The biggest reason of decline of Navigatio's popularity is, in a word, the campaign of Protestants' reformation against Roman Catholic church, touched off from Germany in 1517 by M. Luther, as well as by J. Calvin, in France. This reform movement spread over the whole Continent like wildfire, causing for decreasing hagiolatry and the saints' Vita on the constant ebb. The Latin Navigatio, the womb of many many versions in various countries or regions across the Continent from the early Middle Ages, saw its last spin-off of German Volksbuch format from a publisher in Augsburg in 1521 ; hencefoth, no vernacular versions would be added to its pedigree any more. While the 'target readers' of the original Latin version were clerics or monks who had good command of reading and / or writing in Latin, the general readers who lived in the late Middle Ages after some 500 years since the Latin Navigatio had compiled, had little understanding of the 'messages' within this voyage tale ; the Irish Saint's Voyage was taken as a mere fairy one or 'a tall yarn'. Moreover, since the 'real' discoveries of the New World, the European explorers discovered unknown lands one after another, then people began to recognise that there was no such island as 'Saint Brendan's Isle' or 'Earthly Paradise', so one thinks this trend also may have caused the decline of the popularity of Latin Navigatio.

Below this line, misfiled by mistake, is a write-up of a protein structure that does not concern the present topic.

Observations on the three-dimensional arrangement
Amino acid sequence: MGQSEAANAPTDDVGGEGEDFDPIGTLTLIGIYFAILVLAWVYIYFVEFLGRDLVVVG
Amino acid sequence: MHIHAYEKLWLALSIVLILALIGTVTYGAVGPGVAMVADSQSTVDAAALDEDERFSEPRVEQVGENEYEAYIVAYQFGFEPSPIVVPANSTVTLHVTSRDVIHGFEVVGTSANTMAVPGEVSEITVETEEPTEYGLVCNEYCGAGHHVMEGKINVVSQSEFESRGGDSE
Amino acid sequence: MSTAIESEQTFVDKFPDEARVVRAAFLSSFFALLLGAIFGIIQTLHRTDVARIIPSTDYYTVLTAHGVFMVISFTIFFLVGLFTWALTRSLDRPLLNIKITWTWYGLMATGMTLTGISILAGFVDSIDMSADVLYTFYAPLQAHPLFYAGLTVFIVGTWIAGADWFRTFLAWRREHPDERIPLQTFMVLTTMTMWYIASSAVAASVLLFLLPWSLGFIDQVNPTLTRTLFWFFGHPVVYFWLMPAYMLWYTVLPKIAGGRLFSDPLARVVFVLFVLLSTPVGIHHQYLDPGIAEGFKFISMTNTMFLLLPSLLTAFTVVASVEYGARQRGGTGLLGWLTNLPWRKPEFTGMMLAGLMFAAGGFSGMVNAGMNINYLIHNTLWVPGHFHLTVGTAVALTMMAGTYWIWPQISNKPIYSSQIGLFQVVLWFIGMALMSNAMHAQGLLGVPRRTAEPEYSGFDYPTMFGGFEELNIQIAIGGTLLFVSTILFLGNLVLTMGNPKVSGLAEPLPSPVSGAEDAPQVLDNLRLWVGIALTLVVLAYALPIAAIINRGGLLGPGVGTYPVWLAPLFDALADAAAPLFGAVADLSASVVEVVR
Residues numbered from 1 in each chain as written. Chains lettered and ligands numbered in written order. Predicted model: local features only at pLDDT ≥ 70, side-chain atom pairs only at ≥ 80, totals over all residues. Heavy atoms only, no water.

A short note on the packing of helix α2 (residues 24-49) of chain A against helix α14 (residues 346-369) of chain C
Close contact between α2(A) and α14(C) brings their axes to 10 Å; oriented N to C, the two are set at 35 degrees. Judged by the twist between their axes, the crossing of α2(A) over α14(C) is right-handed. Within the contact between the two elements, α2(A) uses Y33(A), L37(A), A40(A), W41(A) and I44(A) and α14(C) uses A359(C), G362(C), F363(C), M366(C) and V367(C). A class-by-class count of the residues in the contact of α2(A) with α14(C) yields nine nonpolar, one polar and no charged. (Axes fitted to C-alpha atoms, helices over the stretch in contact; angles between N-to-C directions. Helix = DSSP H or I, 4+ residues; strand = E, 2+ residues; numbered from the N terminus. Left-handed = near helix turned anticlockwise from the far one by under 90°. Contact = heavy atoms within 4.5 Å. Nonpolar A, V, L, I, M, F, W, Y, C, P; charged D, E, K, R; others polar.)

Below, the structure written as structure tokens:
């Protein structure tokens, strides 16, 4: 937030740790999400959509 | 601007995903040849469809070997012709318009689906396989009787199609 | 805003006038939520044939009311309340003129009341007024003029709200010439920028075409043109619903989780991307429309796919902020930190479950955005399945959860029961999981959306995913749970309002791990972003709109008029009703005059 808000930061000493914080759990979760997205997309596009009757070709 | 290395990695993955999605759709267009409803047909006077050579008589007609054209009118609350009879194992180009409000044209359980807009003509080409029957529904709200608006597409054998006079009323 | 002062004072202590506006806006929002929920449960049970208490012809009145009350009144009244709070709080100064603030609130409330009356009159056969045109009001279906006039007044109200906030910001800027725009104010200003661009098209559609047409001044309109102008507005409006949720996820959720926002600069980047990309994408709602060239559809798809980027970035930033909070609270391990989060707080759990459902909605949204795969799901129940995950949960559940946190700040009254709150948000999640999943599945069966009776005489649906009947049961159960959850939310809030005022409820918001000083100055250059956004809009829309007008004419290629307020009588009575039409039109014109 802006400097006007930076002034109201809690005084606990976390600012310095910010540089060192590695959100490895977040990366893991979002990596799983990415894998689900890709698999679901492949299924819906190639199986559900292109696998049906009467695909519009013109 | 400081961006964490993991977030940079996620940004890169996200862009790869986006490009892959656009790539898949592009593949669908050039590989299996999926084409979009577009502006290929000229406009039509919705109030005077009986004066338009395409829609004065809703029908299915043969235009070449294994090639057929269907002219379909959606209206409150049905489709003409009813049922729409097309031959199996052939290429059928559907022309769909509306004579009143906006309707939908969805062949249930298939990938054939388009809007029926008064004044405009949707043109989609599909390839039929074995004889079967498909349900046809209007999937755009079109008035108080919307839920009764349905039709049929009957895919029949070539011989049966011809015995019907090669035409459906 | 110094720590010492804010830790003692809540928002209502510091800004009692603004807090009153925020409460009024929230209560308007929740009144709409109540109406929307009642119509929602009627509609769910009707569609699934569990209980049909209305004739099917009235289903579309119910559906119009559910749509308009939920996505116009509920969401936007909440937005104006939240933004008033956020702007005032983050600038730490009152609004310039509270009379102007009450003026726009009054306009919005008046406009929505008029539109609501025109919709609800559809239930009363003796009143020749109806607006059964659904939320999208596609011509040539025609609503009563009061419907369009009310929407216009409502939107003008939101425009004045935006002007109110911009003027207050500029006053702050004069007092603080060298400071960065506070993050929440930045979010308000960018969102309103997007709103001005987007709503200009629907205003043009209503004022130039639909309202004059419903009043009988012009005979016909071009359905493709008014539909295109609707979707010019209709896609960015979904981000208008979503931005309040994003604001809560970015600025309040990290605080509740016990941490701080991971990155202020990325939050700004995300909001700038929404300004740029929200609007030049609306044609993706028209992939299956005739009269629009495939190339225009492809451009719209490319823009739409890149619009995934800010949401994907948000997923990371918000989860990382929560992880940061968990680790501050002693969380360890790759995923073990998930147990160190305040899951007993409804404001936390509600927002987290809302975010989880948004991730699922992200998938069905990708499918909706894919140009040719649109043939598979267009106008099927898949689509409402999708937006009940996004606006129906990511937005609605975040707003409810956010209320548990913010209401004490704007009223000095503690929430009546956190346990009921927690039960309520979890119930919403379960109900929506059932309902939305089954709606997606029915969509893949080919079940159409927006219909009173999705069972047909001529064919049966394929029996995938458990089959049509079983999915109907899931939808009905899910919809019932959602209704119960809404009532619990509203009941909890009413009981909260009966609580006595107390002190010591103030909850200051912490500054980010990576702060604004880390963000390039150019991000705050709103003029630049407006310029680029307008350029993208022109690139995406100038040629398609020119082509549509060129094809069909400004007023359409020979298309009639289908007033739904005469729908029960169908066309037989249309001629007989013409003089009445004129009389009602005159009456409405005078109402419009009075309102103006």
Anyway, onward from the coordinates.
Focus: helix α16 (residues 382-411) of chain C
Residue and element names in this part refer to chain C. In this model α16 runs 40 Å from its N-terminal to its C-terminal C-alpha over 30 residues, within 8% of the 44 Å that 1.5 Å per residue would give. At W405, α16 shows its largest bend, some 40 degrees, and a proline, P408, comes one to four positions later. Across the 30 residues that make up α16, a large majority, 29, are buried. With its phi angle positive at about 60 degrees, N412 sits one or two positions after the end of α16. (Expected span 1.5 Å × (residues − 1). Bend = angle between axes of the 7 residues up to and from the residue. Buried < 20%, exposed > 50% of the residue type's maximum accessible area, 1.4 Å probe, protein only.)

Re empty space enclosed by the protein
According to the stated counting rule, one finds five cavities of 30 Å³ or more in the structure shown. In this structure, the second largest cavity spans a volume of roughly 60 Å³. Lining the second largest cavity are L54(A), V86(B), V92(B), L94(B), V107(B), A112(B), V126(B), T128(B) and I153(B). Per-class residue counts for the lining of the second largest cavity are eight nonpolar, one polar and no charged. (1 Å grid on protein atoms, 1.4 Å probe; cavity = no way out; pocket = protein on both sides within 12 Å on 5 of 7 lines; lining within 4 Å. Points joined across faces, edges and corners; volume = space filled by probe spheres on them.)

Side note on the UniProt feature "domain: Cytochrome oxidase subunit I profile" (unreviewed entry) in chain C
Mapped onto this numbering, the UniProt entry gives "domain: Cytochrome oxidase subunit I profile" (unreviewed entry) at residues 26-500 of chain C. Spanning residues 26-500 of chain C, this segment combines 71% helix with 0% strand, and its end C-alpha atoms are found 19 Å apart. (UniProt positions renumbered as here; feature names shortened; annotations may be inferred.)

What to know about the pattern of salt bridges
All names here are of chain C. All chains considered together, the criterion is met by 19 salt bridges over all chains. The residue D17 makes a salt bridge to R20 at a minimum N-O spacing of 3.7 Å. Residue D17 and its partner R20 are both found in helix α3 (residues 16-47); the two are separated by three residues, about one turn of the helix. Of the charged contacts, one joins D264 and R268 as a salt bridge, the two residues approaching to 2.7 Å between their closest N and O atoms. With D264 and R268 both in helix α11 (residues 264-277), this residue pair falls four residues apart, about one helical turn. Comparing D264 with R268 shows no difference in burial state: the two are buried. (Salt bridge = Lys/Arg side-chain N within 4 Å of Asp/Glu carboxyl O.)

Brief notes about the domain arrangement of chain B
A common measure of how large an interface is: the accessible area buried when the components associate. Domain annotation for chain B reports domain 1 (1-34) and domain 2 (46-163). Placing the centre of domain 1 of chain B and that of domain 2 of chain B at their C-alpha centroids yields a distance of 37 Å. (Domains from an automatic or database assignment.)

Now, in the late ninteenth century, scholars were beginning to pay their attention to the long tradition starting from Latin Navigatio in a new perspective ; there appeared some theorists claiming that a party of the mediæval Irish monks, including Saint Brendan, should have been credited for the first European discovery of North America. This assertation is still question at issue, however, there emerged an English explorer / writer who thought it was high time that someone should begin a voyage experiment, buiding a replica of the traditional Irish curraghs as used by Brendan's company, and to see it might have crossed the North Atlantic ; that guy was by the name of Tim Severin, lives in Cork, a port town located along the South-west coast of Ireland.* For further detail on the origin of Brandenburg, cf., Carl Selmer, The Origin of Brandenburg(Prussia), the Brendan Legend, and the Scoti of the Tenth Century, Traditio 7 (1949), pp. 416-33.